Satan and religion

Topics: New Testament, Pauline epistles, First Epistle to Timothy Pages: 5 (1529 words) Published: February 26, 2014

Satan in Sacred Texts
By: Carrie-Anne Prudence
RELS 3302-001

Within the bible there are a distinctive and shocking amount of passages referring to Satan. More specifically, the topic of misogyny and barbarity towards women, which has sparked a lot of debate. Central to this debate, are the Pauline and duetero-Pauline epistles, which hold conflicting views upon Satan and the treatment of women. Within this essay 3 different texts will be analyzed and compared in relation with this topic. 1 Timothy, a duetero-Pauline epistle presents a view of the devil that is more similar to the Book of the Watchers, than it is to 1 Corinthians, a definite Pauline epistle. This seems to support the scholarly opinion that 1 Timothy was not in fact written by Paul. The evidence backing up this opinion will be discussed within this report, along with the similarities and differences of Satan portrayed within each text.

1 Timothy is considered to be a duetero-Pauline epistle, meaning the author is considered to be someone else writing as Paul. This letter is written in a way that is not consistent with any of Paul’s other texts. The letter itself has misogynistic tones, and emphasizes inequality between males and females, old and young, deacons, widows and other groups. The most shocking portrayal of misogyny is in 1 Timothy 2, where it is stated that women must live in full submission, be quiet, and not to assume authority over a man (1Timothy, 2, English Standard Version). This is where most skepticism has arisen as to whether or not this passage was written by Paul. In Many of Paul’s previous writings, such as Galatians, he stresses the equality of all groups, “There is neither Jew nor Gentile, neither slave nor free, nor is there male and female, for you are all one in Christ Jesus” (Galatians, 3:28, New International Version). Satan is also evident in 1 Timothy 3 where the deacons are warned against Satan’s sin of pride, “He must not be a recent convert, or he may become conceited and fall under the same judgment as the devil.” (1 Timothy, 3:6, New International Version). The passage expresses this as a test, and warns that Satan waits to take advantage of the deacons, and if they pass this test then they are a worthy deacon, “they must first be tested; and then if there is nothing against them, let them serve as deacons” (1 Timothy, 3:10, New International Version). Satan is also referenced when humans engage in uncontrolled sexual and social activities in 1 Timothy 5. It states that if these urges overcome your dedication to Christ, you are giving in to the devils ways. Timothy 5 also stresses the importance of family, and being faithful within your relationships. Anything that prevents you from doing so are considered to be obstacles posed by the devil in order to prevent Christians from living a fully Christian lifestyle. The writing, tone and subject matter of this letter are not consistent with Paul’s other letters or writings, as we will see later within this paper.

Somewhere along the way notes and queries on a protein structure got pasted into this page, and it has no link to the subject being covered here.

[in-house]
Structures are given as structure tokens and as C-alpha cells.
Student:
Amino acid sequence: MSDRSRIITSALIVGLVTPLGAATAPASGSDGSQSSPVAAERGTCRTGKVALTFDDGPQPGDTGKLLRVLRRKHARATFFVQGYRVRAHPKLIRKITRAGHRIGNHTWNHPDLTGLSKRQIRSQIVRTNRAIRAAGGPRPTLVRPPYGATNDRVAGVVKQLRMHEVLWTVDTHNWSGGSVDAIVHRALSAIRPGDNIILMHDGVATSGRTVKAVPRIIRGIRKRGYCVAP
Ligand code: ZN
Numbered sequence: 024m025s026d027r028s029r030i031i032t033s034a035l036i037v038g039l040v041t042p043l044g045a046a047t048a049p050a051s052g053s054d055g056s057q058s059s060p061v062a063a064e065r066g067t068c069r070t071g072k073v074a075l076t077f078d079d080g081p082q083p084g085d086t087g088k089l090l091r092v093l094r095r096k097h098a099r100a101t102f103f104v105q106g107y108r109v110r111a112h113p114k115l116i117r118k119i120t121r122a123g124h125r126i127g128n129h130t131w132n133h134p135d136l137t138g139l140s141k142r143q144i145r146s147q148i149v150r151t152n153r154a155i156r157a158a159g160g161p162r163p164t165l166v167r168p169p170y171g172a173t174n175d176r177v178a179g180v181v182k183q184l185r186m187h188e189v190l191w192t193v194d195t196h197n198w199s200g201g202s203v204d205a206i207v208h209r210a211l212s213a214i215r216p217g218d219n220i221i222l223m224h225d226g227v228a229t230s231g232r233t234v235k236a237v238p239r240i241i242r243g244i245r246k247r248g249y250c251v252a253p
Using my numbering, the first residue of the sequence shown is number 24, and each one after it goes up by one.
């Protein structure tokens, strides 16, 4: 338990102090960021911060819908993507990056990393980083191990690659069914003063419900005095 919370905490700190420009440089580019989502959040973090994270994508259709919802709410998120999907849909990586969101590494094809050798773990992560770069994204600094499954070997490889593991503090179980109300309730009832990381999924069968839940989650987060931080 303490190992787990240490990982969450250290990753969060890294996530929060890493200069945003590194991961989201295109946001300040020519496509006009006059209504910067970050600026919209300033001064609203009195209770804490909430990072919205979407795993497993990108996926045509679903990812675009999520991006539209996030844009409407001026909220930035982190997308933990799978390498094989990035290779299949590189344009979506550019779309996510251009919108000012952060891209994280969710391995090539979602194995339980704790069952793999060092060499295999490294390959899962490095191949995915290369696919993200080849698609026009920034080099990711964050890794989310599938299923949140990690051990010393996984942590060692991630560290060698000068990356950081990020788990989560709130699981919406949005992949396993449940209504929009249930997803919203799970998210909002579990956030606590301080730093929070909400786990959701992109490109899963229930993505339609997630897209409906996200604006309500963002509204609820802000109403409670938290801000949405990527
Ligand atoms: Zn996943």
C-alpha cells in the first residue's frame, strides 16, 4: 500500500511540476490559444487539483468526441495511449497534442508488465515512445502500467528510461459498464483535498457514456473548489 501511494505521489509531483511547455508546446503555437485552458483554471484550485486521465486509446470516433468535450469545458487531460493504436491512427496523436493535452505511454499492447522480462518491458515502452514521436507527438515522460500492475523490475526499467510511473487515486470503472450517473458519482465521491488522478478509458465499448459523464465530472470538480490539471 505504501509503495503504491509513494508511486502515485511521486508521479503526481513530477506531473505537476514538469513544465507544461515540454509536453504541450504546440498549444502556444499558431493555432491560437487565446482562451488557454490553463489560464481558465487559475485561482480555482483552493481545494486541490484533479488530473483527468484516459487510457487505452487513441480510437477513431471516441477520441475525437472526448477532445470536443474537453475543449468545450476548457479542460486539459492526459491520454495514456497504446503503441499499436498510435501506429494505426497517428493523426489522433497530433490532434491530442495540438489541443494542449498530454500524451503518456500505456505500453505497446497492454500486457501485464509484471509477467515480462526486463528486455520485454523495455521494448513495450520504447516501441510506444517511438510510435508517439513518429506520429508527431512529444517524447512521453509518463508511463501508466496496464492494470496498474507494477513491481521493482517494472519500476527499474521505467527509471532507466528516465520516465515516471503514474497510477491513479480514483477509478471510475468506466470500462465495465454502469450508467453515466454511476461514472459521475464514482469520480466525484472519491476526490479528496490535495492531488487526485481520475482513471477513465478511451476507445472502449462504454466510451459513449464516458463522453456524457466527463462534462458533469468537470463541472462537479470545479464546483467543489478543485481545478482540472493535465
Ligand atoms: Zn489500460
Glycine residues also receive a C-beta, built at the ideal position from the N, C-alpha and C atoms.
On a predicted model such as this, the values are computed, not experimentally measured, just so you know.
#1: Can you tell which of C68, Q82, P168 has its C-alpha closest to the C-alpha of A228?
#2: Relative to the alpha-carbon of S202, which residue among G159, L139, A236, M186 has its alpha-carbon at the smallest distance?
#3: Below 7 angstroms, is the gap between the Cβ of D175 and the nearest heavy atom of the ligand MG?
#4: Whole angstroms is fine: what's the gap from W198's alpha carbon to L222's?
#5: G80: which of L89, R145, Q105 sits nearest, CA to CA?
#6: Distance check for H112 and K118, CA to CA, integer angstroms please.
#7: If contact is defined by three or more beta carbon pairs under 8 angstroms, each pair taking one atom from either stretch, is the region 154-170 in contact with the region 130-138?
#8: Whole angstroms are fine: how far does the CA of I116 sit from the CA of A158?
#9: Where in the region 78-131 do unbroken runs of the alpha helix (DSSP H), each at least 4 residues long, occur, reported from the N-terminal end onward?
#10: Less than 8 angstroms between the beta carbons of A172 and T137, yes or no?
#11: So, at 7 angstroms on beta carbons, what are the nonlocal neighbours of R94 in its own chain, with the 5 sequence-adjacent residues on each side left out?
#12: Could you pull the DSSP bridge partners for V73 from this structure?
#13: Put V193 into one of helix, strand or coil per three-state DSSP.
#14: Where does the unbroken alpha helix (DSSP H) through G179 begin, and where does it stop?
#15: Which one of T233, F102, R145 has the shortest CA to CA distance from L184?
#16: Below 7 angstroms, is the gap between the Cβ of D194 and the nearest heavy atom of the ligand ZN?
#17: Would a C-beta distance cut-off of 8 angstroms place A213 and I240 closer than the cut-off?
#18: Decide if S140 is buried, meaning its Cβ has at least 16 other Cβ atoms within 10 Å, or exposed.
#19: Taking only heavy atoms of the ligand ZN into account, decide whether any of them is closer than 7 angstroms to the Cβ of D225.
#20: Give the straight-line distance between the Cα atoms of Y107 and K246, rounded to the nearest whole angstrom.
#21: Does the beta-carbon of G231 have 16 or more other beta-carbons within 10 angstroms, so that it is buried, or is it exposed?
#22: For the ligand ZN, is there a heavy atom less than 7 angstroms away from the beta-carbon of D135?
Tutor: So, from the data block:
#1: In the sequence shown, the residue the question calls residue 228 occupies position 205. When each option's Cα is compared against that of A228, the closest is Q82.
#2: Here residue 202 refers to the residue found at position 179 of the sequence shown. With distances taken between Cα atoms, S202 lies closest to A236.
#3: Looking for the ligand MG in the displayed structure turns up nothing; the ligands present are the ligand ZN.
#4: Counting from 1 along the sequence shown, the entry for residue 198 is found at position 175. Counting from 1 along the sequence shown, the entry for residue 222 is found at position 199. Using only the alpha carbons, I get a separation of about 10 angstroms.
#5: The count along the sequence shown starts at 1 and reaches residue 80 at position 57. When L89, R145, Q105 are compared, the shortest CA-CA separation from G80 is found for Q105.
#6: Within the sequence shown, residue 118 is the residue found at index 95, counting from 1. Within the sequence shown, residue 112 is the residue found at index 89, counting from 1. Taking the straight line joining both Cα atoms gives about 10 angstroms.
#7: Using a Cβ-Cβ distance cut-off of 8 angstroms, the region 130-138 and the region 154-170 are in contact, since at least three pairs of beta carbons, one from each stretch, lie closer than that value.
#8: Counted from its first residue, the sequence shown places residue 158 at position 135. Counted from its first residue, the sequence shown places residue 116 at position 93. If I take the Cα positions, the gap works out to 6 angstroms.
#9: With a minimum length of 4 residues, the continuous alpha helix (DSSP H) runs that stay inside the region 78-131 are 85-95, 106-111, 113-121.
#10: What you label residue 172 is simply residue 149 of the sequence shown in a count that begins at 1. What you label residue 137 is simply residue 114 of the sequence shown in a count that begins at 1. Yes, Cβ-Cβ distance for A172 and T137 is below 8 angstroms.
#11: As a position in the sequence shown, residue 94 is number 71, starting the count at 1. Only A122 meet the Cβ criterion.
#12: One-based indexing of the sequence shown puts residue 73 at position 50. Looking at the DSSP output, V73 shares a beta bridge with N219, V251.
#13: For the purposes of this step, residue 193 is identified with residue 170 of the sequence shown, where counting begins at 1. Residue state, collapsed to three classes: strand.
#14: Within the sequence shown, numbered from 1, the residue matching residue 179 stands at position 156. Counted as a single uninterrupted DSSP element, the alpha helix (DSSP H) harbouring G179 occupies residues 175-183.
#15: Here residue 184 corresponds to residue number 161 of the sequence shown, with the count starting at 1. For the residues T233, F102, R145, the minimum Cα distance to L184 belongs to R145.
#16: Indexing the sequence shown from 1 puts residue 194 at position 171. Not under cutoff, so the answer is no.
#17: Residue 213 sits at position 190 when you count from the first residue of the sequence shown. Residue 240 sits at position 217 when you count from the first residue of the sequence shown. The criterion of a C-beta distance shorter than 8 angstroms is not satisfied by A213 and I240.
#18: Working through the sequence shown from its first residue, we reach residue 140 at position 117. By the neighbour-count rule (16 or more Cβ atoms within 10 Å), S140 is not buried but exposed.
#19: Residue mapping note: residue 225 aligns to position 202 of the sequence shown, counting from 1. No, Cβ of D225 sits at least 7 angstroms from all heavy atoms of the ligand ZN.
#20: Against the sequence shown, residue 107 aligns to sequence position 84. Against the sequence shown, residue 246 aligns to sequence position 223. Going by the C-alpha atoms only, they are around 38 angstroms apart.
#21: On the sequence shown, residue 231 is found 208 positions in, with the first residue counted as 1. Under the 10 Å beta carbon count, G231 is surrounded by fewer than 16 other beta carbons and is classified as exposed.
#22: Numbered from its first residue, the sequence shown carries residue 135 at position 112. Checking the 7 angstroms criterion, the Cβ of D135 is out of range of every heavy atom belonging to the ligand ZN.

In Enoch, the Book of the Watchers there are also many similar ideas and portrayals as 1 Timothy. This book further expresses the inequality of men and women as well as the power men have over women. The story discusses two angels and how they fall because they lust for the “daughters of man” (Derynck, 2014). This could be understood that a mans relations with a women were considered to be a sin. The angels also make a pact to take wives, once again demoting women to objects that can be “taken”, “Come, let us choose us wives from among the children of men 3 and beget us children,”(Enoch, 6:2). They also enforce metallurgy upon men, and jewelry and cosmetics amongst women, increasing the sins of lust, greed, and violence amongst humans. The influence of the devil becomes evident in this book when the fallen angels bring about chaos, imbalance, and corruption of the natural order, and increase sins amongst humans...

References: Derynck, Tracy (2013) Class notes - Book of the watchers. Retrieved from Mount Royal
University RELS 3302 Blackboard website:
Derynck, Tracy (2013) Epistles notes. Retrieved from Mount Royal University RELS 3302 Blackboard website:
The Book of Enoch, Section I. (n.d.). The Book of Enoch, Section I. Retrieved February 11, 2014, from
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